von Struve, Freidrich Georg Wilhelm
Friedrich Georg Wilhelm von Struve (April 15, 1793 ““ November 23, 1864) was a Baltic-German astronomer, and member of a celebrated line of astronomers. He is best known for his advanced observations of double-stars.
He was born in Altona, Denmark, what is currently Germany. He was the son of the renowned Jacob Struve, and was the second of a five-generation legacy of astronomers down to his great-grandchildren. When Germany was occupied by the French, Struve’s father, Jacob, relocated the family to Livonia in Imperial Russia to evade military service.
Struve moved back to Altona in his adult years, and in 1815 he married Emilie Wall. Together they had 12 children, with only 8 surviving early childhood.
His first wife died and Struve married Johanna Henriette Francisca Bartels who bore him 6 more children. Many of his children, and their children, served prominent roles in politics and science as adults. The best known of these, his grandson, Pyotr Berngardovich Struve, was one of the original Russian marxists and penned the Manifesto of the Russian Social Democratic Labor Party upon its creation in 1898.
He attended the University of Tartu in Estonia beginning in 1808, where he initially studied philology, but soon switched his studies to astronomy. In 1813, he became a teacher at the university, then, after he achieved full professor status in 1820, he continued educating under his new title. Also in 1820, he became director of the Dorpat Observatory in Tartu, where he had been working in conjunction with the teaching position he held for so many years.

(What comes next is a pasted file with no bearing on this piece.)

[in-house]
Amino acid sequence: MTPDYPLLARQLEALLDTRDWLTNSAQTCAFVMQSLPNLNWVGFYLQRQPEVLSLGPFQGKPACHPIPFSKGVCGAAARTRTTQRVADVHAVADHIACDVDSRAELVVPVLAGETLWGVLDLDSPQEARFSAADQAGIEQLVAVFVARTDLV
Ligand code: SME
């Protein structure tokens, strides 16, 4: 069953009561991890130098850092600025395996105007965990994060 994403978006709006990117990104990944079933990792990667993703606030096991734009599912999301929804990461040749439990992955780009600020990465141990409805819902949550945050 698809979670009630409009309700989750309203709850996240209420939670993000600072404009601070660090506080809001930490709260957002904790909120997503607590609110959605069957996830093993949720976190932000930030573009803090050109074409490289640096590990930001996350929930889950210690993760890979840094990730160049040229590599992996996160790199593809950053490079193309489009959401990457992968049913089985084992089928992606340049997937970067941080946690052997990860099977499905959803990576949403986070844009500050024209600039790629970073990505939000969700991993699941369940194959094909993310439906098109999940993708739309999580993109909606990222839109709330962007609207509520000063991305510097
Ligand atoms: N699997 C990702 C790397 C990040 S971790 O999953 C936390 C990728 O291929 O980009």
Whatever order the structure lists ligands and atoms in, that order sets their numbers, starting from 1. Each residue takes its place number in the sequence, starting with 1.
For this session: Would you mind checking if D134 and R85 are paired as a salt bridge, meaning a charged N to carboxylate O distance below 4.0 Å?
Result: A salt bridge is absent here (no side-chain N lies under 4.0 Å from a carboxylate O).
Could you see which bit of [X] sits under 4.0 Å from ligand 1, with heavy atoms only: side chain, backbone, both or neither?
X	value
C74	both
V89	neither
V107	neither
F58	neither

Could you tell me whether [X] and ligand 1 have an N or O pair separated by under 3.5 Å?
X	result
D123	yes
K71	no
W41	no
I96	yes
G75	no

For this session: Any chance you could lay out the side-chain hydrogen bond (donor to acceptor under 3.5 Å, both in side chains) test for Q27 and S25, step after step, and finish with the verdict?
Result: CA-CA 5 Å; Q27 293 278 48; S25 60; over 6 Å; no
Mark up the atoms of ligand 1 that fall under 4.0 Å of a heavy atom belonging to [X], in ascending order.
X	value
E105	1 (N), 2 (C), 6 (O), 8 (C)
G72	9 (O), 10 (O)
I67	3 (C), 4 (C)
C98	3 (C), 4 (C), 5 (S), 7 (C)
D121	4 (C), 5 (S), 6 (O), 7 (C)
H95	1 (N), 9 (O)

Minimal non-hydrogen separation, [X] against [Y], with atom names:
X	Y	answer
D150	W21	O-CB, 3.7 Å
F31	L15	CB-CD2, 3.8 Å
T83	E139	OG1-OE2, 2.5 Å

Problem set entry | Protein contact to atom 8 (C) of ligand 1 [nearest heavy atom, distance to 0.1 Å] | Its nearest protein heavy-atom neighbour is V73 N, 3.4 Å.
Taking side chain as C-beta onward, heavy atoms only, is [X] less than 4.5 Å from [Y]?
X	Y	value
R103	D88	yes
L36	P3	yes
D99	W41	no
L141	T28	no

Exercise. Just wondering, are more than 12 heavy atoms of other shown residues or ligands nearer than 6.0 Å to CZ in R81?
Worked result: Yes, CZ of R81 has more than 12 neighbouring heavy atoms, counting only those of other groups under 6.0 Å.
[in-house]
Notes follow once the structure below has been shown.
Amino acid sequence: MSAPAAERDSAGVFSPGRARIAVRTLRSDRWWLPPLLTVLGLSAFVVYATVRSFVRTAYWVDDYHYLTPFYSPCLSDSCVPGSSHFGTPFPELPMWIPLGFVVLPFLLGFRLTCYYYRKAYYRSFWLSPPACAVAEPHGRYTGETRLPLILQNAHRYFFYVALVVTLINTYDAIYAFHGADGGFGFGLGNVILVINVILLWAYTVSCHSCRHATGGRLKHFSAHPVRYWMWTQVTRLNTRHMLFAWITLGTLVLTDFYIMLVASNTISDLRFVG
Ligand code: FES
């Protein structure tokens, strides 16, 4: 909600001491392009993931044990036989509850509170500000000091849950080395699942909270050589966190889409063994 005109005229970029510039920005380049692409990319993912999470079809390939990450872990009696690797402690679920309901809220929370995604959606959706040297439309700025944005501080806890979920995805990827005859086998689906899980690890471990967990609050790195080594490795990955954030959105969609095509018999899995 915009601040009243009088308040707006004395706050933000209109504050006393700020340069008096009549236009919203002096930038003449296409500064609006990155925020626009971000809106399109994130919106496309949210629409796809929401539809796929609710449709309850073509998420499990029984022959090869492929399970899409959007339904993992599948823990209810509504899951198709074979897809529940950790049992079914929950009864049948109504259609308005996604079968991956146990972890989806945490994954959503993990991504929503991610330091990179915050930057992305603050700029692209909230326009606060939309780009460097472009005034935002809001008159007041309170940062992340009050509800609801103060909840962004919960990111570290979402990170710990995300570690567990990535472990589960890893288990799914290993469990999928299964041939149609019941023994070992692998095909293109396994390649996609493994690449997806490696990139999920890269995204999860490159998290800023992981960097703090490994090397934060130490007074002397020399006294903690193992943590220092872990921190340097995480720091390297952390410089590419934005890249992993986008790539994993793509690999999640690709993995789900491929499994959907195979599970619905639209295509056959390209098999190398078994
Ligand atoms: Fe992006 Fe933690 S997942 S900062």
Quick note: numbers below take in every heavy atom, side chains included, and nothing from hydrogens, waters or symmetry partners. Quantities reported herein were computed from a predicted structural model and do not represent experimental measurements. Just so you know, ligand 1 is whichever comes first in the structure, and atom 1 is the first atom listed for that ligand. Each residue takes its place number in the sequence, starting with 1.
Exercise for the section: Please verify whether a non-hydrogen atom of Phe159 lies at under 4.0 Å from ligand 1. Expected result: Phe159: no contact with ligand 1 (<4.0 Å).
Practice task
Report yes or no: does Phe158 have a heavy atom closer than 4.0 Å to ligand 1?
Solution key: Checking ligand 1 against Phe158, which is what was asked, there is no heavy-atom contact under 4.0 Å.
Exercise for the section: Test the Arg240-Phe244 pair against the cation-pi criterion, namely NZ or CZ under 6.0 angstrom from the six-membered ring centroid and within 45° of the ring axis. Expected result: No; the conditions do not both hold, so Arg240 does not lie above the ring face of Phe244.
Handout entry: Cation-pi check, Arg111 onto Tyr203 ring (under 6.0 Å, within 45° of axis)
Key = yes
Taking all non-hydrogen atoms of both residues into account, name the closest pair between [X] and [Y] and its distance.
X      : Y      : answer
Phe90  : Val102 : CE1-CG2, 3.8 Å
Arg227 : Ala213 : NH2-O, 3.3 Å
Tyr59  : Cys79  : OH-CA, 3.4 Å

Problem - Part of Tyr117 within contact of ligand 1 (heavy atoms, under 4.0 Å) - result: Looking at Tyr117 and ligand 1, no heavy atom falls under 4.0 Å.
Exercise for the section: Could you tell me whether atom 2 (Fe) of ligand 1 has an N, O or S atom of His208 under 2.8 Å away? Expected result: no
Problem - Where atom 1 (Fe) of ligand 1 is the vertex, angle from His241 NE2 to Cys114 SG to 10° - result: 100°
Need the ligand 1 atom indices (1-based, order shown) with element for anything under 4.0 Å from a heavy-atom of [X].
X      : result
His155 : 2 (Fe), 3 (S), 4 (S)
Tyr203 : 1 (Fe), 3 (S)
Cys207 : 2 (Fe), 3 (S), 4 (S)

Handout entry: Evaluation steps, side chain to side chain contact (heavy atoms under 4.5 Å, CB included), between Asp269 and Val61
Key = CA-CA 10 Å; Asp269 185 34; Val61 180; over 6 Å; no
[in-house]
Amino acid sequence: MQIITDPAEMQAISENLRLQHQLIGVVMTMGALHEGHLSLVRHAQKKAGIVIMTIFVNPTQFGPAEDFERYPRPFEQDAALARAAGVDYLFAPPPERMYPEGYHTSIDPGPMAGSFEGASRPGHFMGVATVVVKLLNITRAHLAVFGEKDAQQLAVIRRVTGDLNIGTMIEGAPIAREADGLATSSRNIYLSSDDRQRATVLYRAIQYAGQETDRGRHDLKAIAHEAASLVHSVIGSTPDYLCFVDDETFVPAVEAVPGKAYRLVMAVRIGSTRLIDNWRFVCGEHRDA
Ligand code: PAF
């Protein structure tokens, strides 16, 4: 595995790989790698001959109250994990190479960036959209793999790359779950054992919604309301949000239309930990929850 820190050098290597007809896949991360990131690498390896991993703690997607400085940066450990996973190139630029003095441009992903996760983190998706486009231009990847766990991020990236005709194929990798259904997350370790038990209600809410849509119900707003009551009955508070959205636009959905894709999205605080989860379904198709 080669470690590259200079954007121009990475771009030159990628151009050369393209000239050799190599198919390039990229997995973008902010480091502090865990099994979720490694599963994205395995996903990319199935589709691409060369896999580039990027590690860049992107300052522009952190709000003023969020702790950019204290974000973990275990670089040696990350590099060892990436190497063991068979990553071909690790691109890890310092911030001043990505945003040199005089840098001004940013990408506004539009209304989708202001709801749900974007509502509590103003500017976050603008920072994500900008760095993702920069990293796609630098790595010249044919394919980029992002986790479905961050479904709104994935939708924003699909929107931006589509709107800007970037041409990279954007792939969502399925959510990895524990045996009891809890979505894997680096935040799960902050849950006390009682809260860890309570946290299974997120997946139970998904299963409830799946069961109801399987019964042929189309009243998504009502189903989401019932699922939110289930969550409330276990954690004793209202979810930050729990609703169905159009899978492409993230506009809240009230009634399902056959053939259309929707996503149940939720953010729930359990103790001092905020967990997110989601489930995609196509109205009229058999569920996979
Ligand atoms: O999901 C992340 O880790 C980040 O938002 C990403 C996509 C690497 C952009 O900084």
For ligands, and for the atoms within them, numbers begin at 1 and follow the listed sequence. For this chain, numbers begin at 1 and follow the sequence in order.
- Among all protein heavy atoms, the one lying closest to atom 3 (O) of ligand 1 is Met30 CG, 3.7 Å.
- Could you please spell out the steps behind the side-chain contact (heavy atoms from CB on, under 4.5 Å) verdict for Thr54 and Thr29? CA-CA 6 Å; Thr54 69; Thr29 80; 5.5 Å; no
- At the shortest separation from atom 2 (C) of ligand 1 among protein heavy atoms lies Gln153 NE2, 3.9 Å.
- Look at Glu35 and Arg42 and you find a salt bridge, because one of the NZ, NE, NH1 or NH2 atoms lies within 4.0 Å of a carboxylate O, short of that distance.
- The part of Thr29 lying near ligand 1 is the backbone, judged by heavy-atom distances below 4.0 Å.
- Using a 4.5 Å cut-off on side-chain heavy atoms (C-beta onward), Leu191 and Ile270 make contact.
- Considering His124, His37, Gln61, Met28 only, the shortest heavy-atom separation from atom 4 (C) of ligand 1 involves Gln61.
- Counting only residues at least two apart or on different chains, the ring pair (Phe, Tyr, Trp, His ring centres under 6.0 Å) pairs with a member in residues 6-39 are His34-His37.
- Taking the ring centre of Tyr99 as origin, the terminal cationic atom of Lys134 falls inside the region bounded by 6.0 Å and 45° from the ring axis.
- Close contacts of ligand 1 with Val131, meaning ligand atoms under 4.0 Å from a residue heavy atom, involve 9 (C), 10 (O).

Struve focused his research at Tartu on double stars and geodesy until 1839, when he established and became director of the new Pulkovo Observatory near St. Petersburg.
Struve later became involved with the study of double stars, and carried passion for this study for many years. Double stars had been studied previously by William Herschel, John Herschel, and Sir James South, but Struve’s observations surpassed any of the original findings. In 1827, he published a catalogue entitled, Catalogus novus stellarum duplicium, which was an account of all the double stars he had discovered. And, and in an additional work, Stellarum duplicium et multplicium mensurae micrometricae, he calculated micrometric measurements of 2,714 double stars from 1824 to 1837.
In 1831, his published piece on geodetic surveying, Beschreibung der Breitengradmessung in den Ostseeprovinzen Russlands, discussed the Struve Geodetic Arc conception. This was a chain of survey triangulations reaching from Hammerfest in Norway to the Black Sea, through ten countries and over 2,820km. The UNESCO has appointed the chain to its List of World Heritage Sites in Europe.
In 1843, he also measured the “constant of aberration.” Although Friedrich Bessel was the first to measure the parallax of a star, Struve measured the parallax of Vega.
One of the first astronomers to recognize the effects of interstellar extinction, Struve encompassed his findings in his 1847 work, d’Astronomie Stellaire: Sur la voie lactee et sur la distance des etoiles fixes. Remarkably, he estimated the average rate of visual extinction, 1 mag per kpc, and it closely calculates to modern estimates (0.7-1.0 mag per kpc).
He was honored with the Gold Medal of the Royal Astronomical Society in 1826.
In 1862, he was prompted to retire his studies due to failing health.
The asteroid 768 Struveana named jointly in his honor and that of Otto Wilhelm von Struve and Karl Hermann Struve.